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Re: [Phys-l] Definition of upthrust or buoyancy

On 10/20/2010 12:02 PM, LaMontagne, Bob wrote:

If you want to imagine the buoyancy on an object, first imagine a
blob of water with exactly the same shape as the object. That water
is obviously in equilibrium. Integrate the pressure over the surface
area of the blob. If in equilibrium, this must give a force that is
equal and opposite to the weight of the water. Now replace the blob
with the object. The surfaces forces have not changed so they still
add to the weight of the blob. Hence, the buoyant force is the weight
of the water displaced. This definition of buoyancy does not require
water surrounding all surfaces of the blob - the blob could be on the
bottom of a glass beaker.

That's a very nice contribution to the discussion.
Let's call is the "integral d(volume)" approach : ∫dV.

I have not much to add except for the following relatively
minor points:

1a) The ∫dV analysis can be easily proved correct using the
principle of virtual work. When the object moves up, an
object-shaped slug of water must move down to take its

1b) Also, it can easily be proved correct using an appeal
to the third law of motion ... which is (as always) the
same thing as an appeal to conservation of momentum. When
you replace a slug of water of mass m with an object of
mass M, the net change to the momentum budget is (M-m) g dt
and therefore when we weigh the object under water, the
scale must exert a force of (M-m) g ... quite independent
of how much contact-area there is between object and scale.

2) Previously I described buoyancy in terms of the forces
i.e. the pressure acting on the surfaces of the object.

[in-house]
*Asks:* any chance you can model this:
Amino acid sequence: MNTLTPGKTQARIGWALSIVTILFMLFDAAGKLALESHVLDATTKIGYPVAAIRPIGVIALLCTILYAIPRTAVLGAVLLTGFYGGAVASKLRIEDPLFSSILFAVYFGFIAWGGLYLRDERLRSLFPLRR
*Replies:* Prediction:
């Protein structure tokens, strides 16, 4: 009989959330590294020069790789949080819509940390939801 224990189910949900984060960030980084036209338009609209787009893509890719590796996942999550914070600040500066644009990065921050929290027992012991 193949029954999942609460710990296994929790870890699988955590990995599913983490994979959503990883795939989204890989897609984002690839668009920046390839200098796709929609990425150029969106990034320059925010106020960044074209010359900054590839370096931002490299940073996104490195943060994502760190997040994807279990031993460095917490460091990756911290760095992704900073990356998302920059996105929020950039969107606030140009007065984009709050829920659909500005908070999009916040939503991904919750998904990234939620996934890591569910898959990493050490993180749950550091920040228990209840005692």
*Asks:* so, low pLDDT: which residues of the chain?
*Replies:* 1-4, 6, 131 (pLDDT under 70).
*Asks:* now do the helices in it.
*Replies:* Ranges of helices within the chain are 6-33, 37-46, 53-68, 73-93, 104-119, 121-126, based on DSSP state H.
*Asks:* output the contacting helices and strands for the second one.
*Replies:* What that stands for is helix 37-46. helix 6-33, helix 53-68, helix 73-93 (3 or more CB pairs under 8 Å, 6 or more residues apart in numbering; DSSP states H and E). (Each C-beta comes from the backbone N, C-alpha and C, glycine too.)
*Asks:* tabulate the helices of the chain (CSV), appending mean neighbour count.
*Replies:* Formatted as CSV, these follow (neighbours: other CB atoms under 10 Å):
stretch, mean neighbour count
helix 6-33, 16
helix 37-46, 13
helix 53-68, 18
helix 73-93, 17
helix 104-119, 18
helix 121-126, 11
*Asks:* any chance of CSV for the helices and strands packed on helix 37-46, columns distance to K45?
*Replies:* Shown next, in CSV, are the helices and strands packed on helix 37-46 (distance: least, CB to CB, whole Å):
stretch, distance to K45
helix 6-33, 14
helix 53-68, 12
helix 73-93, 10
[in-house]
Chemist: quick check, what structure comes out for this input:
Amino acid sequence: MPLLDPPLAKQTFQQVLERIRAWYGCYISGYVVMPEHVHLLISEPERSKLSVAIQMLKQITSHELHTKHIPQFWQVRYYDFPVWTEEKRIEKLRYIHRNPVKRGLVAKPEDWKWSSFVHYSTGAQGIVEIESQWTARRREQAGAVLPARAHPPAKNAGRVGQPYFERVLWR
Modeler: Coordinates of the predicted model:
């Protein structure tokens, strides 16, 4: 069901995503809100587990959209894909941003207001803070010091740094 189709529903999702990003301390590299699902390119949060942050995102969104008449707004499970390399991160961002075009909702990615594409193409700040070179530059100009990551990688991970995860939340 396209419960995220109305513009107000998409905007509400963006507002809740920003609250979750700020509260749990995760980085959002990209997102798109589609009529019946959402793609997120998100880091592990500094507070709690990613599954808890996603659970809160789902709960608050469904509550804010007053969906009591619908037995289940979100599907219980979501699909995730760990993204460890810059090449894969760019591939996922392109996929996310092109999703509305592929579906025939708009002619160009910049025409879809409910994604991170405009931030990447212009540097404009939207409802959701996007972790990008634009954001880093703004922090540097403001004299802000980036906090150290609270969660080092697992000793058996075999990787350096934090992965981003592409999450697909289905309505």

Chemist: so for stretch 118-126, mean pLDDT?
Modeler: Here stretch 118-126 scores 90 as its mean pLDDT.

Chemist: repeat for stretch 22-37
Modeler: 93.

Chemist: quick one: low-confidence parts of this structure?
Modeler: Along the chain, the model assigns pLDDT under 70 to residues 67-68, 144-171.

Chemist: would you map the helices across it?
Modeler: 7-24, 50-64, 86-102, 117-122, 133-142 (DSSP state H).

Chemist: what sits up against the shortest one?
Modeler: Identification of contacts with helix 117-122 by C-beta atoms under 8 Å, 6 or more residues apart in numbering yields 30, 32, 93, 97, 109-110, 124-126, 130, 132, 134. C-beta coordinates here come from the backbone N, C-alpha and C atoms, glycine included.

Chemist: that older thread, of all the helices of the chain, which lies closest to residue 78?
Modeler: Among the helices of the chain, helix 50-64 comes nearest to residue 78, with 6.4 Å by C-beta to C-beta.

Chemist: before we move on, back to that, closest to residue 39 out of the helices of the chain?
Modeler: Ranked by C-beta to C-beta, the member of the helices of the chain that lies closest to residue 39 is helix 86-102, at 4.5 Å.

We can call this the "integral d(surface)" approach : ∫dS.

The two approaches are related by Stokes's theorem.

3) One should not be too quick ask whether one approach is
better than the other. Some students may find it easier to
start with one approach, while some may find it easier to
start with the other approach. More importantly: Mastery
of the subject means being able to use both approaches!

You can prove Archimedes's principle either way. Even peculiar
things like suction cups, pistons, and Cartesian divers can be
analyzed either way ... and it is instructive to do it both
wans and compare.

On the other hand, there are some situations where one
approach clearly wins over the other. For example, consider
fluid dynamics. We have fluid pushing against fluid (rather
than fluid pushing against a distinct object), so we have to
do everything as a function of position : velocity fields,
pressure fields, et cetera. In this situation, the ∫dS
approach would be a nightmare, because for each patch of
surface there is no good way to keep track of which side
of the surface you are talking about (A pushing on B, or B
pushing back on A). The conventional and sensible practice
(in most cases) is to use the ∫dV approach, keeping track
of the momentum in each parcel of fluid.


On 10/21/2010 07:19 AM, Jeffrey Schnick wrote:
I think that a negative effect of defining the buoyant force to be an
upward force equal in magnitude to the weight of the water dispaced, is
that I would expect that students who have been taught that definition
would have a greater chance of getting the following problem so wrong
that they come to the conclusion that the piling is in tension rather
than compression ....

We can agree on the maxim that no matter what the students are
doing, they can always do it wrong.

I do not agree that this reflects negatively on the ∫dV approach.

Let the height of the center-of-mass of the piling be h.
Let the volume of the piling be V.

Buoyancy concerns dE/dh at constant V.
Compression concerns dE/dV at constant h.

A compression question is not a buoyancy question. If a student
blithely applies a buoyancy formula to a non-buoyancy problem,
bad things are going to happen. Nobody should be surprised by

Any competent application of the ∫dV approach will give the right
answer for the dE/dV i.e. for the compression.